Silica Gel
Used for polar substances such as
Glutaraldehyde Amines Inorganics which are hard to desorb from charcoal

Disadvantage
Affinity for water

Desorption
Polar solvent such as water and methanol

Porous Polymers & Other Adsorbents


Where gas & vapour not collected effectively with charcoal or poor recoveries Tenax low level pesticides XAD 2 for pesticides Chromosorb pesticides Porapaks polar characteristics Others: Molecular sieves Florisil for PCBs Polyurethane foam for pesticides, PNAs

Thermal Desorption
Superseding CS2 desorption especially in Europe Sensitivity

Desorption efficiency
Reproducibility Analytical performance

Thermal Desorption (cont)


Thermal desorption tubes:
inch OD x 3 long stainless steel Pre packed with sorbent of choice SwageLok storage cap Diffusion cap Conditioning of tubes prior / after use

Sources: Markes International reproduced with permission

Thermal Desorption Unit with GC/MS

Sources: Markes International reproduced with permission

Collection Efficiencies of Adsorption Tubes


Temperature Adsorption reduced at higher temperatures Some compounds can migrate through bed Store cool box, fridge or freezer Humidity Charcoal has great affinity for water vapour

Collection Efficiencies (cont)


Sampling flow rate If too high insufficient residence time Channeling If incorrectly packed Overloading If concentrations / sampling times too long or other contaminants inc water vapour are present

Mixed Phase Sampling


Solid, liquid, aerosol and gas and vapour phases.
Benzene Soluble Fraction of the Total Particulate Matter for Coke Oven Emissions Impingers used for sampling of two pack isocyanate paints Aluminium industry fluorides as particulate, or hydrofluoric acid as a mist or as gas.

Treated Filters
Chemical impregnation including use for: Mercury Sulphur dioxide Isocyanates MOCA Fluorides Hydrazine

Passive Sampling

Diffusion or Passive Sampling


Ficks Law m t
where m t A D = = = =

AD (c0 c) L

L c c0

= = =

mass of adsorbate collected in grams sampling time in seconds cross sectional area of the diffusion path in square cm diffusion coefficient for the adsorbate in air in square cm per second available from manufacturer of the sampler for a given chemical length of the diffusion path in cm (from porous membrane to sampler) concentration of contaminant in ambient air in gram per cubic cm concentration of contaminant just above the adsorbent surface in gram per cubic cm

Diffusion or Passive Sampling (cont)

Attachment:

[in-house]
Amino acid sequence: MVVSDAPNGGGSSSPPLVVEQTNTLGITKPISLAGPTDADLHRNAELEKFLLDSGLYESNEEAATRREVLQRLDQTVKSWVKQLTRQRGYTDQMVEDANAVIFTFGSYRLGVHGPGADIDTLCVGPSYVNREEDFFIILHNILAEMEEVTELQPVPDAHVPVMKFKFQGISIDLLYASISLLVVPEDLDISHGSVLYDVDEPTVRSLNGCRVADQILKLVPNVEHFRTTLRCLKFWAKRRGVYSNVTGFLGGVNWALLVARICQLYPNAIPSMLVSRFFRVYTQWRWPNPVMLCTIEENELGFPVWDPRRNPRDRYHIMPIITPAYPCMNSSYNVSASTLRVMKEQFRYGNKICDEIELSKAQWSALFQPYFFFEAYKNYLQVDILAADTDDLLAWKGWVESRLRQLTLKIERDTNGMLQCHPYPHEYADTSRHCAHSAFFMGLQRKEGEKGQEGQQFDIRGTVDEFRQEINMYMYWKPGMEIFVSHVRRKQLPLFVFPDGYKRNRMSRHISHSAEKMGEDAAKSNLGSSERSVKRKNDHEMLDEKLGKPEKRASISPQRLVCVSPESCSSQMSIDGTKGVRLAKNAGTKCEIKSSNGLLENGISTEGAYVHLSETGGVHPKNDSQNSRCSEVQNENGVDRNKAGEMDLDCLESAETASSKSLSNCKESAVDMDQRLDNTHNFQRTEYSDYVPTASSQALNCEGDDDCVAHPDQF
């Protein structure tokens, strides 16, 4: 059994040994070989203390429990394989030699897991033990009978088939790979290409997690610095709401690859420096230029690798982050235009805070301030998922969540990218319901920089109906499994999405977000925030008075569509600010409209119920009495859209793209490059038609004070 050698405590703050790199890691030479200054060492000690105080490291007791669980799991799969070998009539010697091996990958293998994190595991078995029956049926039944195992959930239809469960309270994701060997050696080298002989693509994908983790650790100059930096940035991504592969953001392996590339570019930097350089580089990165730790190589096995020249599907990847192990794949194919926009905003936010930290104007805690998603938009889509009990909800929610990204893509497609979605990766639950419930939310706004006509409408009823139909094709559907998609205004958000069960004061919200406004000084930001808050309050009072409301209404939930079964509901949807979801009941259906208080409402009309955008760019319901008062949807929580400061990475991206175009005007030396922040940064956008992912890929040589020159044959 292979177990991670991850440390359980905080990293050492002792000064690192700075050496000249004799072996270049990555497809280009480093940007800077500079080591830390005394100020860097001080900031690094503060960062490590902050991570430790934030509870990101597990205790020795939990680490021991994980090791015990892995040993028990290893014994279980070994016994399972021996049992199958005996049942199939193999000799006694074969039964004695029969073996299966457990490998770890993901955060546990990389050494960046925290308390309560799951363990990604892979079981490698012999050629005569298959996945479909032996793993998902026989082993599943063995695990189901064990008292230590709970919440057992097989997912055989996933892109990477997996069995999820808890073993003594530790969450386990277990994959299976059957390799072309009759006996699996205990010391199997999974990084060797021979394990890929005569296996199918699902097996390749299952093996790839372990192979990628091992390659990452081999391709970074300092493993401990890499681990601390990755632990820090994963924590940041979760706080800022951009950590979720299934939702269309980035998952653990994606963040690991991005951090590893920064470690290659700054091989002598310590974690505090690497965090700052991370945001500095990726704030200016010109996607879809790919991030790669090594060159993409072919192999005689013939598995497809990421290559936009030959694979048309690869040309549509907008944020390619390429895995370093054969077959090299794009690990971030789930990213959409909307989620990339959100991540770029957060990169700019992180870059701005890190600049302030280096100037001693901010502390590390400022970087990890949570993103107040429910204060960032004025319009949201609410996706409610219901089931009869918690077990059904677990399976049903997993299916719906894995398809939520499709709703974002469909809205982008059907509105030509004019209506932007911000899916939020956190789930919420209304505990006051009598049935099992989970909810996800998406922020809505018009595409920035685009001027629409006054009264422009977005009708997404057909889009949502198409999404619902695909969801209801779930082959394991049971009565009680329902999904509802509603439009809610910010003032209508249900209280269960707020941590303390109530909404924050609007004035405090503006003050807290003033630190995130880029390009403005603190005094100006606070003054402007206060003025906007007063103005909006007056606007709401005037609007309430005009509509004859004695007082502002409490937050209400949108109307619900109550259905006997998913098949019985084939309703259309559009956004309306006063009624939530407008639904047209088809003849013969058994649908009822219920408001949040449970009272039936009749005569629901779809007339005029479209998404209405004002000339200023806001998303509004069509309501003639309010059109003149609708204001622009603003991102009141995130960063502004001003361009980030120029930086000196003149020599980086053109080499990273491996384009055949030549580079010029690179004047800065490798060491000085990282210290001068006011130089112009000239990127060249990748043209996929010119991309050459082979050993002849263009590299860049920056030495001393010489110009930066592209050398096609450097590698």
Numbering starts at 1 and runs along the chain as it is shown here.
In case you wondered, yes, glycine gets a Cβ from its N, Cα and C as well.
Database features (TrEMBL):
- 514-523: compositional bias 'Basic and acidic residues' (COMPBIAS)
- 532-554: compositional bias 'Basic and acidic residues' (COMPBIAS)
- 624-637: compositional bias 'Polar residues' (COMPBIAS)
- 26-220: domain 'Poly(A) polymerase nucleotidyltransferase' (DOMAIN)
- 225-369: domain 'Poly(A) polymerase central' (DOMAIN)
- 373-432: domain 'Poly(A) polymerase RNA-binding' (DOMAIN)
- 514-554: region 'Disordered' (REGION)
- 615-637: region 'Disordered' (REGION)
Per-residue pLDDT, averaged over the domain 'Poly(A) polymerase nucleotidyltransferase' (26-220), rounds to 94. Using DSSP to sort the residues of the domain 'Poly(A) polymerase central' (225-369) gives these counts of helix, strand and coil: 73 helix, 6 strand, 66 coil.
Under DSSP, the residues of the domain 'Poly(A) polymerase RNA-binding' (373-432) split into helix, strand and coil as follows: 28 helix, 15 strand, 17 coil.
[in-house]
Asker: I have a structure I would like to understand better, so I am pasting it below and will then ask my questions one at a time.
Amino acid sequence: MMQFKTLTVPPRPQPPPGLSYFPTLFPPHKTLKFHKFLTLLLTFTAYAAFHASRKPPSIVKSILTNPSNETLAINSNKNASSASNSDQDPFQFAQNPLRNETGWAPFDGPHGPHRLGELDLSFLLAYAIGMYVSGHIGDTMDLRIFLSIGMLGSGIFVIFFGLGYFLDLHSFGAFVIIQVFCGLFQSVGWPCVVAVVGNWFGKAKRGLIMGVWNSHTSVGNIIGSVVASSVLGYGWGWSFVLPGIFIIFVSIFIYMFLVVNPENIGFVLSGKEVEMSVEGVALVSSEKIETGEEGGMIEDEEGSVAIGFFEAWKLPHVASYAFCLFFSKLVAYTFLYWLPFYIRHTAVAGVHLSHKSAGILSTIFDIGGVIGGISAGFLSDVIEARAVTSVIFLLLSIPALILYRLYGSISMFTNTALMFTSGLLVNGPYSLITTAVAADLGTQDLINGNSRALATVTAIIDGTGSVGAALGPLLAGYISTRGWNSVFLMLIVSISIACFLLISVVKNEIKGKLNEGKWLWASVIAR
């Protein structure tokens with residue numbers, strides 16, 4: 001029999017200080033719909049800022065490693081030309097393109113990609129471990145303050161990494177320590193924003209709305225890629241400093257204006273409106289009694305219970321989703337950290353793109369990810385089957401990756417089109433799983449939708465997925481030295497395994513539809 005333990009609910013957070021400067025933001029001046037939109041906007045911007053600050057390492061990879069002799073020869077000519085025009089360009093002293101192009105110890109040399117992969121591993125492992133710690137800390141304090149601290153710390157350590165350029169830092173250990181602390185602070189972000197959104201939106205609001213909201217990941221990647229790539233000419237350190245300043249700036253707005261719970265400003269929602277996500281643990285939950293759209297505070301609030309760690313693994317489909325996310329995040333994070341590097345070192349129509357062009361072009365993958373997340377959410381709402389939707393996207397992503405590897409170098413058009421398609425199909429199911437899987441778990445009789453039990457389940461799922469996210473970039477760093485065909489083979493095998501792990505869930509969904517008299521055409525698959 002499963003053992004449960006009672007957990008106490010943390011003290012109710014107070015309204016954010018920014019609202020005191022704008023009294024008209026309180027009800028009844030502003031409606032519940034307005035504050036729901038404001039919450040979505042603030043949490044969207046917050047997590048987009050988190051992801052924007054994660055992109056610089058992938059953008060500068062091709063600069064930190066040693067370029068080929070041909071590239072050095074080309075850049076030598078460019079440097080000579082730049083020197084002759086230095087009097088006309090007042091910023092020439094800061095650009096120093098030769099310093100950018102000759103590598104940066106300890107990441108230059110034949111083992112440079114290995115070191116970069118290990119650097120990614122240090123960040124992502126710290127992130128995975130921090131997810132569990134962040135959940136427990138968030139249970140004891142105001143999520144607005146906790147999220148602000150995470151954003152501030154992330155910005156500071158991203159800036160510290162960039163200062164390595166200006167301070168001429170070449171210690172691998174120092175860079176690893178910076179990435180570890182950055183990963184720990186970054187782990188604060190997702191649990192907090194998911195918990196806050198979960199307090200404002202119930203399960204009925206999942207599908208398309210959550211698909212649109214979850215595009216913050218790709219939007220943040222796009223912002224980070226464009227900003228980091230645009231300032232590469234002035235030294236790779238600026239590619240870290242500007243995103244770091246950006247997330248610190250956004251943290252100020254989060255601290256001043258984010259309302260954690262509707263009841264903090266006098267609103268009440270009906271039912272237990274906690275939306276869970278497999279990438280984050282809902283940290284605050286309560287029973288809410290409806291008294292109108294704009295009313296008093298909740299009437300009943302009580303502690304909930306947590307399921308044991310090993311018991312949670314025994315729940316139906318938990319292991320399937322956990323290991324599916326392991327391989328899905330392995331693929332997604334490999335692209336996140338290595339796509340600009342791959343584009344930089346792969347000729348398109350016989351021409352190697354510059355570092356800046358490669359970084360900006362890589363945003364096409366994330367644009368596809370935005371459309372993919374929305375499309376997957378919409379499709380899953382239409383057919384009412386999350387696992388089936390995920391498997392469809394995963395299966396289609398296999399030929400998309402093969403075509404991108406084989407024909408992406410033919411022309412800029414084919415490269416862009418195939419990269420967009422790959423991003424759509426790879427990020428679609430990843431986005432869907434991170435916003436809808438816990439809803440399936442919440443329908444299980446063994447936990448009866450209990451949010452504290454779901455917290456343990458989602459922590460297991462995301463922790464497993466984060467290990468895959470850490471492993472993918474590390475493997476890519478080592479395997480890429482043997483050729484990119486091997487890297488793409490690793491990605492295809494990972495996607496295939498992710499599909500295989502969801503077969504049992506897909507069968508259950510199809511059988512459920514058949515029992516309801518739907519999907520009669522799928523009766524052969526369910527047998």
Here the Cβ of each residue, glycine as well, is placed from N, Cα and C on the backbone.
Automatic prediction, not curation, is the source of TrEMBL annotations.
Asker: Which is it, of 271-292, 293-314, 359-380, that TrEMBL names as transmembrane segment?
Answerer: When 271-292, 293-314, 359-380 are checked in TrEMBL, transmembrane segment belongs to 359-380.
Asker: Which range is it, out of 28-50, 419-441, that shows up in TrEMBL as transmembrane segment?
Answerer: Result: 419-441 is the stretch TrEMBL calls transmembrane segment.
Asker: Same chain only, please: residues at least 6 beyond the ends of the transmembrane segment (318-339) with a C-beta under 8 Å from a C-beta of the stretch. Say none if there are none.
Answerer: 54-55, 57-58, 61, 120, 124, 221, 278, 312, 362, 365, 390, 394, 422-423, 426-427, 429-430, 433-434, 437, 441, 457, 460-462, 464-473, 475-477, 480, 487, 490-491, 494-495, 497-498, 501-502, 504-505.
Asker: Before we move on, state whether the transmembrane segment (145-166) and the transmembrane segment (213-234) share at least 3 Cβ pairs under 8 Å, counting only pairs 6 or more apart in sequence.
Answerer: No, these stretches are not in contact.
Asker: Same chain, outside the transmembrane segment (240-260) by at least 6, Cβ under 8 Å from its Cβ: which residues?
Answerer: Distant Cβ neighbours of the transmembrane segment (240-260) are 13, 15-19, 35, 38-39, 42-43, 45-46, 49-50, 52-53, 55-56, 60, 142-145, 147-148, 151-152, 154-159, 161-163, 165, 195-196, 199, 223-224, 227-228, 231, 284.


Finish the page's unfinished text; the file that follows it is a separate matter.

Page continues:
Source: HSE reproduced with permission

Diffusion or Passive Sampling (cont)

Source: 3M Australia reproduced with permission

Every contaminant on every brand of monitor has its own

unique, fixed sampling rate

Diffusion or Passive Sampling (cont)


Advantages
Easy to use No pump, batteries or tubing & no calibration Light weight Less expensive TWA & STEL Accuracy 25% @ 95% confidence

Diffusion or Passive Sampling (cont)


Limitations
Need air movement 25 ft/min or 0.13m/sec Cannot be used for Low vapour pressure organics eg glutaraldehyde Reactive compounds such as phenols & amines Humidity Sampling rate needs to be supplied by manufacturer

Diffusion or Passive Sampling (cont)


After sampling diffusion badges or tubes must be sealed and stored correctly prior to analysis

For example with the 3M Organic Vapour Monitors: Single charcoal layer: Fig 1- remove white film & retaining ring. Fig 2 - Snap elution cap with plugs closed onto main body & store prior to analysis
Source: 3M Australia reproduced with permission

Fig 1

Fig 2

Diffusion or Passive Sampling (cont)


Those with the additional back up charcoal layer remove white film & snap on elution cap as above (Fig 3) Separate top & bottom sections & snap bottom cup into base of primary section (Fig 4) and snap the second elution cap with plugs closed onto the back up section

Source: 3M Australia reproduced with permission

Fig 3

Fig 4

Diffusion or Passive Sampling (cont)


What can be typically sampled ? Extensive range of organics
Monitors with back up sections also available

Chemically impregnated sorbents allows


Formaldehyde Ethylene oxide TDI Phosphine Phosgene Inorganic mercury Amines

Calculation of Results
Active Sampling
Conc mg/m3 = mf + mr mb x 1000 DxV where mf is mass analyte in front section in mg mr is mass analyte in rear or back up section in mg mb is mass of analyte in blank in mg D is the desorption efficiency V is the volume in litres

Calculation of results
Diffusion sampling: Conc (mg/m3) = W (g) x A rxt
where W = contaminant weight (g) A calculation constant = 1000 / Sampling rate r = recovery coefficient t = sampling time in minutes

Conc (ppm) = W (g) x B rxt


where W = contaminant weight (g) B = calculation constant = 1000 x 24.45 / Sampling rate x mol wt r = recovery coefficient t = sampling time in minutes

End of Part 1